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im not too sure how to implement this...

I need to create a weighted directed graph based on the water jug problem from the movie Die Hard 3 (http://www.wikihow.com/Solve-the-Water-Jug-Riddle-from-Die-Hard-3).

I need to create nodes for all the possible moves (fill, empty, pour). After i need to find the shortest path to the solution. But i am have trouble creating this graph. I am using my own created linked list/node.

Any help with the algorithm to create this graph would be great. Thanks.

ex) given 3 gallon, 5 gallon. Get 4 gallons in the 5 gallon jug. I need to create a graph of all the possible moves to get to 4 gallons. Each different gallon represents a different node.

Happy Thanksgiving =)

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2 Answers 2

Presumably each node holds two positive integers -- number of gallons in the 3-gal jug, number of gallons in the 5-gal jug. Arcs, aka edges (directed), are the "moves" (and labeled with the action the arc represents) -- apparently you also have an unnamed tap handy, since you can always fill either of the jugs; you can also always empty a jug away (so you also have a sink); and so forth (other moves all involve moving water from one gallon to the other, until either the first one is empty, or the second one is full). It's no doubt better to avoid generating legal but useless arcs ("moves"), such as "filling" a jug that's already full, or undoing a move you just made (such as emptying a jug you just filled from the tap), though adding such arcs will only mean a little more work, not an incorrect solution.

So start with (0, 0) -- both jugs full, as you have at the start. Clearly the two arcs from here take you to (3, 0) and (0, 5) respectively (filling one or the other from the tap), and so on. Hope this helps!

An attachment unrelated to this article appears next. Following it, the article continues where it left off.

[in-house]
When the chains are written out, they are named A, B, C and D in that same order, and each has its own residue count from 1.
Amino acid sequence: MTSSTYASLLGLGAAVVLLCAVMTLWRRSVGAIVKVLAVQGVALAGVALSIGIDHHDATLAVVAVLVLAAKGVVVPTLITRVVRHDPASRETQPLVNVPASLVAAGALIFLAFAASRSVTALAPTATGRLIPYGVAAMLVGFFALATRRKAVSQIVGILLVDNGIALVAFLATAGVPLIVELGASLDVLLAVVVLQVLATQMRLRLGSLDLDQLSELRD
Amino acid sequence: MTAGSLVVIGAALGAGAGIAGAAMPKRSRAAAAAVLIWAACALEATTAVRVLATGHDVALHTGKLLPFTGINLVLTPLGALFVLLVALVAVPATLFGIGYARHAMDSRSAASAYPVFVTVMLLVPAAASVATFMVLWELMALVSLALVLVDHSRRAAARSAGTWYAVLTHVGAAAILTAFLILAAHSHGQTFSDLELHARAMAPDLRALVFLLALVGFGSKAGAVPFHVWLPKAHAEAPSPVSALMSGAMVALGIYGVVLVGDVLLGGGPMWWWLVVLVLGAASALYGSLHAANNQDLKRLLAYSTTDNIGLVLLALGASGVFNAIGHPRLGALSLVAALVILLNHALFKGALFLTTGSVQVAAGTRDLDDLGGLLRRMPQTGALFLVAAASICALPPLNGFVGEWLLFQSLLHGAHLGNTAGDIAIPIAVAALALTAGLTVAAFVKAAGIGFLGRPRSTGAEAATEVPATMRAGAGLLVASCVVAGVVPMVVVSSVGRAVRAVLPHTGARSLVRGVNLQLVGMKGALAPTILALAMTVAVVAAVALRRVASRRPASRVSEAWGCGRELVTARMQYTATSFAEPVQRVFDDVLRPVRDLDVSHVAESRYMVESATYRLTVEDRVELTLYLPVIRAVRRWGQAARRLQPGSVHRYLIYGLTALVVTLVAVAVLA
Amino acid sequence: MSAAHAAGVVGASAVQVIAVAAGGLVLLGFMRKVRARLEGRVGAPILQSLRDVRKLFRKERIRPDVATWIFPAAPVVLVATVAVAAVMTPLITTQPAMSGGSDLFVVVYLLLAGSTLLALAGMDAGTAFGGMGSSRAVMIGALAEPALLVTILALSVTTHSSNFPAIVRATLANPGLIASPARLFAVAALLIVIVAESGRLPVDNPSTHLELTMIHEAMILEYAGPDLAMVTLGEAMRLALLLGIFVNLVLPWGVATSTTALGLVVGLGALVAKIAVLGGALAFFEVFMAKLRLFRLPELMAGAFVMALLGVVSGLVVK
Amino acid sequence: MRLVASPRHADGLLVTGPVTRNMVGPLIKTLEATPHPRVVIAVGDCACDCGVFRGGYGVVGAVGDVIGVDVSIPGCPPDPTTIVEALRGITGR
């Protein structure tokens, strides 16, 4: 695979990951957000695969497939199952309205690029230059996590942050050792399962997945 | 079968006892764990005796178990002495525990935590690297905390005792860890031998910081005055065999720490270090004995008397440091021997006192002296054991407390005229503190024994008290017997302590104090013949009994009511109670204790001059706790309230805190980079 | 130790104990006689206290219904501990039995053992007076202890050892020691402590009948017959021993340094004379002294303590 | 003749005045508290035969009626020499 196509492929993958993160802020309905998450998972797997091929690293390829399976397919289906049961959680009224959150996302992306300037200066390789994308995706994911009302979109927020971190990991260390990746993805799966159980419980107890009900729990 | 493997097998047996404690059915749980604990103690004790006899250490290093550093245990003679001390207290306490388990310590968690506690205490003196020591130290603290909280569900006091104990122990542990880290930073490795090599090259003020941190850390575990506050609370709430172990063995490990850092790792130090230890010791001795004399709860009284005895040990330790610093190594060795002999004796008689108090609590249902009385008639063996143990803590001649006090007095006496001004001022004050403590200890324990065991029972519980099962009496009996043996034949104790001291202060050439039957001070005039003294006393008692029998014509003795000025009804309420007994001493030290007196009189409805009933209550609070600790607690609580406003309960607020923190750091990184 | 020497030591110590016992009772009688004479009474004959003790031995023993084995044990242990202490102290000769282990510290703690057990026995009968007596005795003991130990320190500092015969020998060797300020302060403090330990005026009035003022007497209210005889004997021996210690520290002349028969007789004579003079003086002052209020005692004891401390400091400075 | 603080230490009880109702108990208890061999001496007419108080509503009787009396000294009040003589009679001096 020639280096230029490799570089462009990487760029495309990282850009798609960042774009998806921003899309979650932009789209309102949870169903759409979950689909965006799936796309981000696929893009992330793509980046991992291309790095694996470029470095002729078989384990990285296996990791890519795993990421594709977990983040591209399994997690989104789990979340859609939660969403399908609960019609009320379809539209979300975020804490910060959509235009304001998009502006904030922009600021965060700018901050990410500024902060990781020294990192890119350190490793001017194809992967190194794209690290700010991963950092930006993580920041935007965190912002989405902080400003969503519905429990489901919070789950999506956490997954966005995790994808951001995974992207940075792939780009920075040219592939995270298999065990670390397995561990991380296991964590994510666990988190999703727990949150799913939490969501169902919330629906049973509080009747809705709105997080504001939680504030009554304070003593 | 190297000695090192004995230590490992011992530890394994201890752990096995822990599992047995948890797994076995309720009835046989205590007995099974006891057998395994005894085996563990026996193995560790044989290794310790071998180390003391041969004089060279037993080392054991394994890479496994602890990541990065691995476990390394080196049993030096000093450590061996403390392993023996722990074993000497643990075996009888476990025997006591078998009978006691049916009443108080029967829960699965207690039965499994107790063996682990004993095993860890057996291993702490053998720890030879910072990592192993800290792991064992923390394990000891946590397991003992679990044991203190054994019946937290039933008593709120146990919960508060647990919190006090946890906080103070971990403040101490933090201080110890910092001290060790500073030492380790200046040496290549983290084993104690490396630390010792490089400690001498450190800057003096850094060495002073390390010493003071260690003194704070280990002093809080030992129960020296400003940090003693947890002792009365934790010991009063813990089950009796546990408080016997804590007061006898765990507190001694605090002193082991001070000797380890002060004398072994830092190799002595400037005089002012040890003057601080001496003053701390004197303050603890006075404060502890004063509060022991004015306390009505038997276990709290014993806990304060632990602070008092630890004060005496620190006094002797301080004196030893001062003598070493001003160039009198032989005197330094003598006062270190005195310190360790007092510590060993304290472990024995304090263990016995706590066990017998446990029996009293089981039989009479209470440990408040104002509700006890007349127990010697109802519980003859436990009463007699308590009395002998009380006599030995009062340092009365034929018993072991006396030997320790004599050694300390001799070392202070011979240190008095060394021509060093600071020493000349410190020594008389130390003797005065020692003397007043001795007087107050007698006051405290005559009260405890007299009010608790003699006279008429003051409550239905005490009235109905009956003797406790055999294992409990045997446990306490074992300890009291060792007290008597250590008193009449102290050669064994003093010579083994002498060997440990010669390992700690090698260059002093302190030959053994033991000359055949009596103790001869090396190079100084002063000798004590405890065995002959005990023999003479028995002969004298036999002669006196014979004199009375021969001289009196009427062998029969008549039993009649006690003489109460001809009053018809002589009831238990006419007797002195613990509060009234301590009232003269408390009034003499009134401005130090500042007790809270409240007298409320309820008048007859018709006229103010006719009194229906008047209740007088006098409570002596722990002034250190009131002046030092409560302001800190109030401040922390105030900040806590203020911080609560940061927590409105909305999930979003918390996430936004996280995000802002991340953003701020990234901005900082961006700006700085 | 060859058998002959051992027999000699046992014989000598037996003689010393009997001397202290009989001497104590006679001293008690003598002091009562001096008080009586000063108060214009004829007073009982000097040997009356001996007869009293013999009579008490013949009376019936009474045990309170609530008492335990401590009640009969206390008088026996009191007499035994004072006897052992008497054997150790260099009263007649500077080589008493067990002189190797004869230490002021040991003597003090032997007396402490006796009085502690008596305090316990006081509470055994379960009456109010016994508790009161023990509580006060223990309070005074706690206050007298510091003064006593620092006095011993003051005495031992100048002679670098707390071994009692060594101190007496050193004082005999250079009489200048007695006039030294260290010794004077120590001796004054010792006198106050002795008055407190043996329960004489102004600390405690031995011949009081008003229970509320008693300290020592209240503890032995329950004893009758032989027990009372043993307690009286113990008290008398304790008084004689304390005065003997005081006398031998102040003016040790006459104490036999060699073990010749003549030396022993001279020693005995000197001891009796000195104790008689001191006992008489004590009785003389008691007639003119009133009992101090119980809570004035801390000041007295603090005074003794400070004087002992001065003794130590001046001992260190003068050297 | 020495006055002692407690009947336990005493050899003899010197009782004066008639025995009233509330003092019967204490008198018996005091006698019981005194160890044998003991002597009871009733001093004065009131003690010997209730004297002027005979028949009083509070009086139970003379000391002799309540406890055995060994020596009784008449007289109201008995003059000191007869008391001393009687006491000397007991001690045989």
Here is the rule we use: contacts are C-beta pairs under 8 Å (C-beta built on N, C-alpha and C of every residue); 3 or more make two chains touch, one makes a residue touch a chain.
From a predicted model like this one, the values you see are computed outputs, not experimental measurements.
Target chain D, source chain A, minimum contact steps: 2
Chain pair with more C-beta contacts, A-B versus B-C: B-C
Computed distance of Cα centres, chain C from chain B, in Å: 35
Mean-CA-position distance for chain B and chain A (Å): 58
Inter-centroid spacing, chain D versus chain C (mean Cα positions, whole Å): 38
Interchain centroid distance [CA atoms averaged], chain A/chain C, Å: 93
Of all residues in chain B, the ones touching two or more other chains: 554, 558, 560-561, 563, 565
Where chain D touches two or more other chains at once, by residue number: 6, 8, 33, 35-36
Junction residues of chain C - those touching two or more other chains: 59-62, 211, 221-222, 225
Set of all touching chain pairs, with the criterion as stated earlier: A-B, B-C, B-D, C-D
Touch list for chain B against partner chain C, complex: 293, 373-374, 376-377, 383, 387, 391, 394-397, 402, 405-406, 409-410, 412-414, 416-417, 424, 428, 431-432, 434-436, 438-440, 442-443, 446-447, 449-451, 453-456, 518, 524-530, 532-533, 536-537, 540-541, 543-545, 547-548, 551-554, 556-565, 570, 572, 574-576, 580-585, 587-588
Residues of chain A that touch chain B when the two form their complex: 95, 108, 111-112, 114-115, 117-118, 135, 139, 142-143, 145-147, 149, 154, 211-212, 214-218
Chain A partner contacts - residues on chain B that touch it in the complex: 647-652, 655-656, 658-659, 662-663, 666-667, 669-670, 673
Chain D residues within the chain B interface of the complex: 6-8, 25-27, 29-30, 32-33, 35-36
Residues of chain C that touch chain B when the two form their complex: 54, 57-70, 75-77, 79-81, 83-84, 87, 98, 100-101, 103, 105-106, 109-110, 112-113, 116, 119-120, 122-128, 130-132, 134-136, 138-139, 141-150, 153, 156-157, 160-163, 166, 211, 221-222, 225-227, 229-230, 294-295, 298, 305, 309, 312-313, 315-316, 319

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thanks, but i need to figure out some sort of alg. that gives me all possible combinations of jug states. ya the first move is (3,0) and (0,5). but is there an alg that gives me all of them? –  bat Nov 27 '09 at 5:30
Sure, just make all possible moves that generate new nodes (keep a set of the already-generated tuples, i.e., all existing nodes). A node is exhausted when you've made all moves from it that generated new nodes. When all existing nodes are exhausted, you're done (easy to keep track with another set). If you can read Python ("executable pseudocode", as it's often called), I can show you all details in 10 minutes, but surely my description in words should be sufficient for you to transcribe in any pseudocode of your choosing (or as required to do your homework yourself, right?!-). –  Alex Martelli Nov 27 '09 at 6:28

At each step you have 6 different options


And here you go. Put states in lookup table and check that none of solution will repeat. This is also stopping condition.

size of lookup table is A * B, and calculating hash is just A*vol(B)+B

In table[A*vol(B)+B] save from witch position you came from. Make initialisation of table elements on -1 (i supose that first index is 0 in your language)

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